Major highway development project approved in Kenya

rift valley highwayThe board of directors of the African Development Bank Group approved financing of US$150mn to Kenya to support a major highway development project under the government’s first mover public-private partnership (PPP) programme

The project will see the development of the A8 South highways. The existing 175 km A8 road from Rironi to Mau Summit will be transformed into a four-lane carriageway and the 57.8 km two-lane A8 South, from Rironi to Naivasha will be strengthened and maintained over a period of 30 years.

Both roads are major routes stretching across the most densely populated parts of the country, beginning in Nairobi, Kenya’s capital and commercial nerve centre, and traverse several counties in Nakuru and Kiambu, agricultural zones, wildlife reserves and tourism centres. The roads also form part of the strategic 'northern corridor' which is the busiest trade and transport corridor in East Africa, providing gateway access to Kenya’s landlocked neighbouring countries.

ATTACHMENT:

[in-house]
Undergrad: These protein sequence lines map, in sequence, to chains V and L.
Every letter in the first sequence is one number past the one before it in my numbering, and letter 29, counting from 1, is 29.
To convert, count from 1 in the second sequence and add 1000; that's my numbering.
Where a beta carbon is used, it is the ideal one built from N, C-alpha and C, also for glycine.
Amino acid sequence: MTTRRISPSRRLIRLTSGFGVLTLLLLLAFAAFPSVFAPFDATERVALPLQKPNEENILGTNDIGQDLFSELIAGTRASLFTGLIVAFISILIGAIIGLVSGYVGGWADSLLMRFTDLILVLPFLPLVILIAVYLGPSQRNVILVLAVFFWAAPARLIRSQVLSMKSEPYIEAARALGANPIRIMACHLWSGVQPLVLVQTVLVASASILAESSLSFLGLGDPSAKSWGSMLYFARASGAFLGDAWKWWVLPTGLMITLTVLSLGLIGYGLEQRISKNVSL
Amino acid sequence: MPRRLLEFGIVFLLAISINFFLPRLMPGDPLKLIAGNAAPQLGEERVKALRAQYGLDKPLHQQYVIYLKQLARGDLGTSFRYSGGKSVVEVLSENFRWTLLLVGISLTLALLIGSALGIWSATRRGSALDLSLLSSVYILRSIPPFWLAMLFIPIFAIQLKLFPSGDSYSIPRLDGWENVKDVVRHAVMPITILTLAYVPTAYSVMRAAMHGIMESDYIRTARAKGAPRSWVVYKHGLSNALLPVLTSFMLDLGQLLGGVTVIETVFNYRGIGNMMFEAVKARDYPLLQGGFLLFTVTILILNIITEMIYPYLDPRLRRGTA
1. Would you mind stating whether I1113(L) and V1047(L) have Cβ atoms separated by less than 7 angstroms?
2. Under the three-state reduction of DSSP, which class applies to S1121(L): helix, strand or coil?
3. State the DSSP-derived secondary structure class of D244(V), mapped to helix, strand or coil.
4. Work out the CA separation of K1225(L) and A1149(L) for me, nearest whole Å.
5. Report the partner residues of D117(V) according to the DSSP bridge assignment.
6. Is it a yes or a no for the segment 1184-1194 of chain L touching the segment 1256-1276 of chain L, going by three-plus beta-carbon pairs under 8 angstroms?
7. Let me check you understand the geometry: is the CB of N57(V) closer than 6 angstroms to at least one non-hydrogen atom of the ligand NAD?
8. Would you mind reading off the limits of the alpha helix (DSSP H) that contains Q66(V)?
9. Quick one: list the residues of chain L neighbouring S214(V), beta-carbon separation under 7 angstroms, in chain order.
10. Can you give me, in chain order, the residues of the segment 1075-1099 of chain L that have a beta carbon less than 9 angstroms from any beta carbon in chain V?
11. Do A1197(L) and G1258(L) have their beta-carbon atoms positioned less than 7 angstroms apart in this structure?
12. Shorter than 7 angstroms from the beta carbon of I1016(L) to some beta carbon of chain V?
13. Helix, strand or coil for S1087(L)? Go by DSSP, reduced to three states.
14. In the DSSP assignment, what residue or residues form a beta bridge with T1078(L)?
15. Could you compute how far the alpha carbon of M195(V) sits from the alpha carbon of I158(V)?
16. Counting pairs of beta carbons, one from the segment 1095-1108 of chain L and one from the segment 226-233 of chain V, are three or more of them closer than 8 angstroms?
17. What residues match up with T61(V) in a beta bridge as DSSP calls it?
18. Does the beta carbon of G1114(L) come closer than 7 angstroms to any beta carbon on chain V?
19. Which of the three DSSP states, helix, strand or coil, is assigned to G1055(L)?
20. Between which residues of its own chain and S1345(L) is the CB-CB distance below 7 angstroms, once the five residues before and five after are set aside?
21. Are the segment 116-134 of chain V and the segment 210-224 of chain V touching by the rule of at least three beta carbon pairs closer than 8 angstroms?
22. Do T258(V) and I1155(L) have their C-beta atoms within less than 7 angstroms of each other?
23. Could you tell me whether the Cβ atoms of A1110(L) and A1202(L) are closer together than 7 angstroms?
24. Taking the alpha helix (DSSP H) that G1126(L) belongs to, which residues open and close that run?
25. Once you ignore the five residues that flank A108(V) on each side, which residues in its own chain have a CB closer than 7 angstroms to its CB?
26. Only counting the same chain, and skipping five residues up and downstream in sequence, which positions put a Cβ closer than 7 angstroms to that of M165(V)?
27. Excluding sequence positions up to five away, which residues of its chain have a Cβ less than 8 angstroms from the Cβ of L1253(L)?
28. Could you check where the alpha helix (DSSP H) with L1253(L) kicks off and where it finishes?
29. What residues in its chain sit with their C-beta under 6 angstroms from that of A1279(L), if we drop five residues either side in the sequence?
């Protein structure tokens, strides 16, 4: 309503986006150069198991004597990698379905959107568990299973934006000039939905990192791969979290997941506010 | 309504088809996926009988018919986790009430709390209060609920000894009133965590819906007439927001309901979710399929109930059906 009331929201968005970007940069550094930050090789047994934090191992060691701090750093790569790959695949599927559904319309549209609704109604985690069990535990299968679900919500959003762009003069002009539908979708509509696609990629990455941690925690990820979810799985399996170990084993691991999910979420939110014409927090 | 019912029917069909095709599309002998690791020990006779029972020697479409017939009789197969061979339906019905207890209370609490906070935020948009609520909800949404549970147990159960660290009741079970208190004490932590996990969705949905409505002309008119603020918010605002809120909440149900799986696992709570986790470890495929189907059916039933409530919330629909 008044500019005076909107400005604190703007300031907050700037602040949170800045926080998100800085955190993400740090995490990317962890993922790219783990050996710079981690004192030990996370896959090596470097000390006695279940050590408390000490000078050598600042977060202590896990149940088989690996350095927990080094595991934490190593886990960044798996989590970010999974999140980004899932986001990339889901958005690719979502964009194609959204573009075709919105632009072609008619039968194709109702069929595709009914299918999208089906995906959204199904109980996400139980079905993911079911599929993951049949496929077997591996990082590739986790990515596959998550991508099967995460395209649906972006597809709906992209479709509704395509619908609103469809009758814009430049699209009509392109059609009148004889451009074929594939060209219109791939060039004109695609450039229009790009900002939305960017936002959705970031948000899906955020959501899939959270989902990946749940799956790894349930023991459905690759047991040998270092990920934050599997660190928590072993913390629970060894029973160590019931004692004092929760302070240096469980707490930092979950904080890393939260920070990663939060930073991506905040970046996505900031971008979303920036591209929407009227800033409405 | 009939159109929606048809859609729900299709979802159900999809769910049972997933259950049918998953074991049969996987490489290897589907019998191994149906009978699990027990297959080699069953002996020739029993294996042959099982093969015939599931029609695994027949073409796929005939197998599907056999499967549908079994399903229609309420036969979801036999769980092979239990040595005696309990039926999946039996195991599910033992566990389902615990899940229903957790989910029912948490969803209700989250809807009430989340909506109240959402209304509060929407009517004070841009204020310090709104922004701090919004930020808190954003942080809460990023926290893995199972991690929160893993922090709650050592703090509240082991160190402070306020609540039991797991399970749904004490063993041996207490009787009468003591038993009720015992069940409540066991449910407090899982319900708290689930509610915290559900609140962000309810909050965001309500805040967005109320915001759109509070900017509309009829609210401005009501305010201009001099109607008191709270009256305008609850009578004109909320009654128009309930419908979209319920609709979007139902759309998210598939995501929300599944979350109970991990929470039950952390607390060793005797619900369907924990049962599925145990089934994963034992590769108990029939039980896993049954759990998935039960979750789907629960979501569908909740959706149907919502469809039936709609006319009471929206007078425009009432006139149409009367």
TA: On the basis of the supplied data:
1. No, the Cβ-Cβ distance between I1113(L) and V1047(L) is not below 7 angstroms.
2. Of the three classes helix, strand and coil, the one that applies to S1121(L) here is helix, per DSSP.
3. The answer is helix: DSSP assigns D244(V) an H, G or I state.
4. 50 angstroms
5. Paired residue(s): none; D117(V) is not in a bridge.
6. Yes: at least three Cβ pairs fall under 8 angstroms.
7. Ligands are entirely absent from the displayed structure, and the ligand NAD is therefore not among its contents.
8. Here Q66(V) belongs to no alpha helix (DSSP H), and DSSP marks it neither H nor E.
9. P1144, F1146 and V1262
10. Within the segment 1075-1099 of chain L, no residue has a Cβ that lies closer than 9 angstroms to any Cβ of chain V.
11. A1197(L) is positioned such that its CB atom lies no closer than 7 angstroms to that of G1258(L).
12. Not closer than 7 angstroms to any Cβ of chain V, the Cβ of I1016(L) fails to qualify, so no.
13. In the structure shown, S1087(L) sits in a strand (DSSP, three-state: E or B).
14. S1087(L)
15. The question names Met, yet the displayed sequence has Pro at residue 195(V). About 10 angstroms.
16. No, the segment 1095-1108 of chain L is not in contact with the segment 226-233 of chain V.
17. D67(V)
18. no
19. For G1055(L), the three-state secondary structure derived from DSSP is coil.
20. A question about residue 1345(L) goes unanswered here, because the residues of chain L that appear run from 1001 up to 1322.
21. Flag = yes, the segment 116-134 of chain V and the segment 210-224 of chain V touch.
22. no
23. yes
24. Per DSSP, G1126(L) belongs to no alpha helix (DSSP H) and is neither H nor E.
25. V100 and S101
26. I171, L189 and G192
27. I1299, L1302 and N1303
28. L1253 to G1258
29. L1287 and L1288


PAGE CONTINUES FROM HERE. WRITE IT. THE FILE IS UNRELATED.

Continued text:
The US$150mn from the bank group’s non-sovereign operation lending window forms part of a DFI tranche to Rift Valley Highways Limited – a special purpose vehicle incorporated in Kenya and wholly owned by Vinci group and Meridiam Infrastructure Africa Fund. In September 2020, Rift Valley Highways entered into a PPP concession agreement with the Kenya National Highways Authority (KeNHA) to design, build, finance, operate, maintain and transfer the two highways over a period of 30 years.

The project aligns with the aspirations of Kenya’s Vision 2030 and national strategy to support industrialisation through infrastructure development. It also aligns with the bank priorities for infrastructure in its 10-year strategy (2013–2022) and three of its high five priorities: integrate Africa, industrialise Africa and improve the quality of life for the people of  Africa.

This is the first PPP project to be approved by the board under the bank’s recently established PPP framework. Nnenna Nwabufo, director general for the bank’s East Africa Region, said, “One major plus is that this project will improve the extremely poor safety record of the highway which has been identified as one of the most accident-prone in Kenya. In addition, direct development outcomes expected from the project include increased productivity, commercial efficiencies, and time and cost savings. Ultimately this should support economic growth and increase the quality of life of the people.”

The project is expected to generate 1,500 jobs during construction and 200 during operation and has at least 40% local content in the form of labour and locally sourced materials.

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